- Tangshan orders mills to cut sintering output from Thursday
- Steel cuts may affect 42-49 mln T of iron ore demand -CBA
- Spot iron ore drops below $60/T for first time since June
(Adds Tangshan cuts, coal futures; updates prices)
Shanghai steel futures jumped nearly 3 percent on Thursday after China's top steelmaking city ordered mills to reduce output a month ahead of schedule to meet air quality targets as the country battles smog.
Strong steel prices helped lift steelmaking raw materials coking coal and iron ore, although the price of iron ore did not rise too far from a 3-1/2-month low hit earlier in the day.
The most-traded rebar on the Shanghai Futures Exchange, for January delivery SRBcv1, closed up 2.8 percent at 3,667 yuan ($557) a tonne, after climbing as far as 3,700 yuan during the day.
Steel companies in Tangshan, located in heavily polluted Hebei province, were ordered to slash sintering output by 50 percent from Thursday, according to an Oct. 11 notice from the municipal government.
Sintering processes iron ore into a product prior to steelmaking and is a major cause of pollution.
Tangshan is the latest city to launch a campaign to tackle toxic air ahead of the previous deadline of Nov. 15, when winter heating systems in China are switched on.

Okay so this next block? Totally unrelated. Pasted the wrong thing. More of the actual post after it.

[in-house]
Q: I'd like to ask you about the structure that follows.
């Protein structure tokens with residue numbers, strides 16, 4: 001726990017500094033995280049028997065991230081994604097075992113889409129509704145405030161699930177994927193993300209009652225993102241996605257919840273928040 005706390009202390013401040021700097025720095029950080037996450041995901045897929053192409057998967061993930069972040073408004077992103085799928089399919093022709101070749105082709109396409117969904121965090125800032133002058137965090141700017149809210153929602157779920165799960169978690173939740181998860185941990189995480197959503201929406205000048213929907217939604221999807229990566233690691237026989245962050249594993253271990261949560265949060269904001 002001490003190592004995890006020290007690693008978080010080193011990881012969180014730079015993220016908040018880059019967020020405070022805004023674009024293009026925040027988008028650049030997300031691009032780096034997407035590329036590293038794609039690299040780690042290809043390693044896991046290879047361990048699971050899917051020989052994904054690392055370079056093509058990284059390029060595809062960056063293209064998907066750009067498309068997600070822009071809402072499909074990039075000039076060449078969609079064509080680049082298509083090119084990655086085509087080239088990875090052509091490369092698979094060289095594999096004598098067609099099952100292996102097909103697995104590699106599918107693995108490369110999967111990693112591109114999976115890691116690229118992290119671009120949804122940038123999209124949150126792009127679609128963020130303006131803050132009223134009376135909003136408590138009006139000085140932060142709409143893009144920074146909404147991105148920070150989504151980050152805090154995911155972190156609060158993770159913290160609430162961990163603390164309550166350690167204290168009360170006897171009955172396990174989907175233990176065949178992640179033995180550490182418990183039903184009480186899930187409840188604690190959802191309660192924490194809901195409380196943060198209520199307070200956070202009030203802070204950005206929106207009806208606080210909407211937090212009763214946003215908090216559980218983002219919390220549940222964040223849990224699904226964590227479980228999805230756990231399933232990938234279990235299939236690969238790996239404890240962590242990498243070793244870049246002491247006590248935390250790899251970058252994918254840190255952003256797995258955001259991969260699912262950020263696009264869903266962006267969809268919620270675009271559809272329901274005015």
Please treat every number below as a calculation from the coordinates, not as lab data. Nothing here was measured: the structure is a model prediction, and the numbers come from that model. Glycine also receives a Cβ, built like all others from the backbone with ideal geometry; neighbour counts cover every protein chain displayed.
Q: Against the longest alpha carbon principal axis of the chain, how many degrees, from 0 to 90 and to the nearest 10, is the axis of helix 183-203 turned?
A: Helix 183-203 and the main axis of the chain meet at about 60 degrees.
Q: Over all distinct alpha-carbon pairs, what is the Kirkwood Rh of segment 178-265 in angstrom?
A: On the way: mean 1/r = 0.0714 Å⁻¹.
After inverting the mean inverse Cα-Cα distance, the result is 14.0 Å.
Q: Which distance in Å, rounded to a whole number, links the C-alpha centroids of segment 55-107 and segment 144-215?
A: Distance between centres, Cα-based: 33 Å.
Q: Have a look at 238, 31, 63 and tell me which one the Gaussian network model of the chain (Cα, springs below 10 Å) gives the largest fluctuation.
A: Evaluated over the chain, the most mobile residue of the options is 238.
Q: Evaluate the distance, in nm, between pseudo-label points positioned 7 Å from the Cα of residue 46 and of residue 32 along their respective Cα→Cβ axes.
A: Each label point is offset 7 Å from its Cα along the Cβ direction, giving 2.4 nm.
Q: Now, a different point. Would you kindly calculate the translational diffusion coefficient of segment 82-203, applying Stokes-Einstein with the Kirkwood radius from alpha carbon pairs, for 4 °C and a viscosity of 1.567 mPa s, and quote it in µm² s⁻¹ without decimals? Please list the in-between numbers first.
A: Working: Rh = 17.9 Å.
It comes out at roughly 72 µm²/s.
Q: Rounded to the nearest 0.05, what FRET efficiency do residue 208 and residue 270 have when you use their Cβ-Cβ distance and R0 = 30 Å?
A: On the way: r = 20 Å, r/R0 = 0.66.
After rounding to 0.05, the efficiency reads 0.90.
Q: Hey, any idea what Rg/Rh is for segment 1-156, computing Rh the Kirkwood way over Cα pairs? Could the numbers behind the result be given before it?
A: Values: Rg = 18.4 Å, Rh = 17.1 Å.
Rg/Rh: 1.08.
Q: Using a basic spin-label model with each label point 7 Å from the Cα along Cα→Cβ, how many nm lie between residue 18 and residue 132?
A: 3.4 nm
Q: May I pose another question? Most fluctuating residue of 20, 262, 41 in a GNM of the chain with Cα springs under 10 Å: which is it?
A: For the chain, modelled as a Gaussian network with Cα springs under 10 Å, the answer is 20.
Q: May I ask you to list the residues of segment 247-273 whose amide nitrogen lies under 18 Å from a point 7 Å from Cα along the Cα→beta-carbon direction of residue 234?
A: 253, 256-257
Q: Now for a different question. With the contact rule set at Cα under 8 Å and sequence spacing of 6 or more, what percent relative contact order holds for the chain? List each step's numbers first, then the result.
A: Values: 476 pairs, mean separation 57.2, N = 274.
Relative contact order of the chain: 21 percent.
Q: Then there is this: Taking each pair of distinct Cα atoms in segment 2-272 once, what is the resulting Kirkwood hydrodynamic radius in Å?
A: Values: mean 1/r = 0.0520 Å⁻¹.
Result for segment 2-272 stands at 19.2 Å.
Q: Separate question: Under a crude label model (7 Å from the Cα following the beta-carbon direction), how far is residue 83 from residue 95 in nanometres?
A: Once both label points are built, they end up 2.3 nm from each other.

The cuts are expected to last through March and around 30-35 million tonnes of Chinese crude steel production could be taken offline, Commonwealth Bank of Australia analyst Vivek Dhar said in a note.
That translates to 42-49 million tonnes of iron ore consumption, equivalent to about 3 percent of the global seaborne iron ore market, he said.
The most-active January iron ore contract on the Dalian Commodity Exchange DCIOcv1 closed up 0.3 percent at 441.50 yuan a tonne, supported by firmer steel prices.
The raw material earlier dropped as much as 3.3 percent to 425.50 yuan, its weakest since June 27. Coking coal futures DJMcv1 fared much better, rising 3.8 percent to close at 1,142 yuan per tonne.
"We forecast iron ore prices will average $60 in the fourth quarter, but given how volatile iron ore prices have been this year, we could see iron ore prices comfortably undershoot our expectations," said Dhar.
Spot iron ore prices have already fallen below $60 a tonne on Wednesday. Iron ore for delivery to China's Qingdao port <.IO62-CNO=MB> dropped 2.2 percent to $59.65 a tonne, the lowest since June 23, according to Metal Bulletin.
The spot benchmark has fallen more than 25 percent from a 4-1/2-month peak reached in August. ($1 = 6.5817 Chinese yuan)
UPDATE 1-Shanghai rebar jumps as China's top steel city orders early cuts
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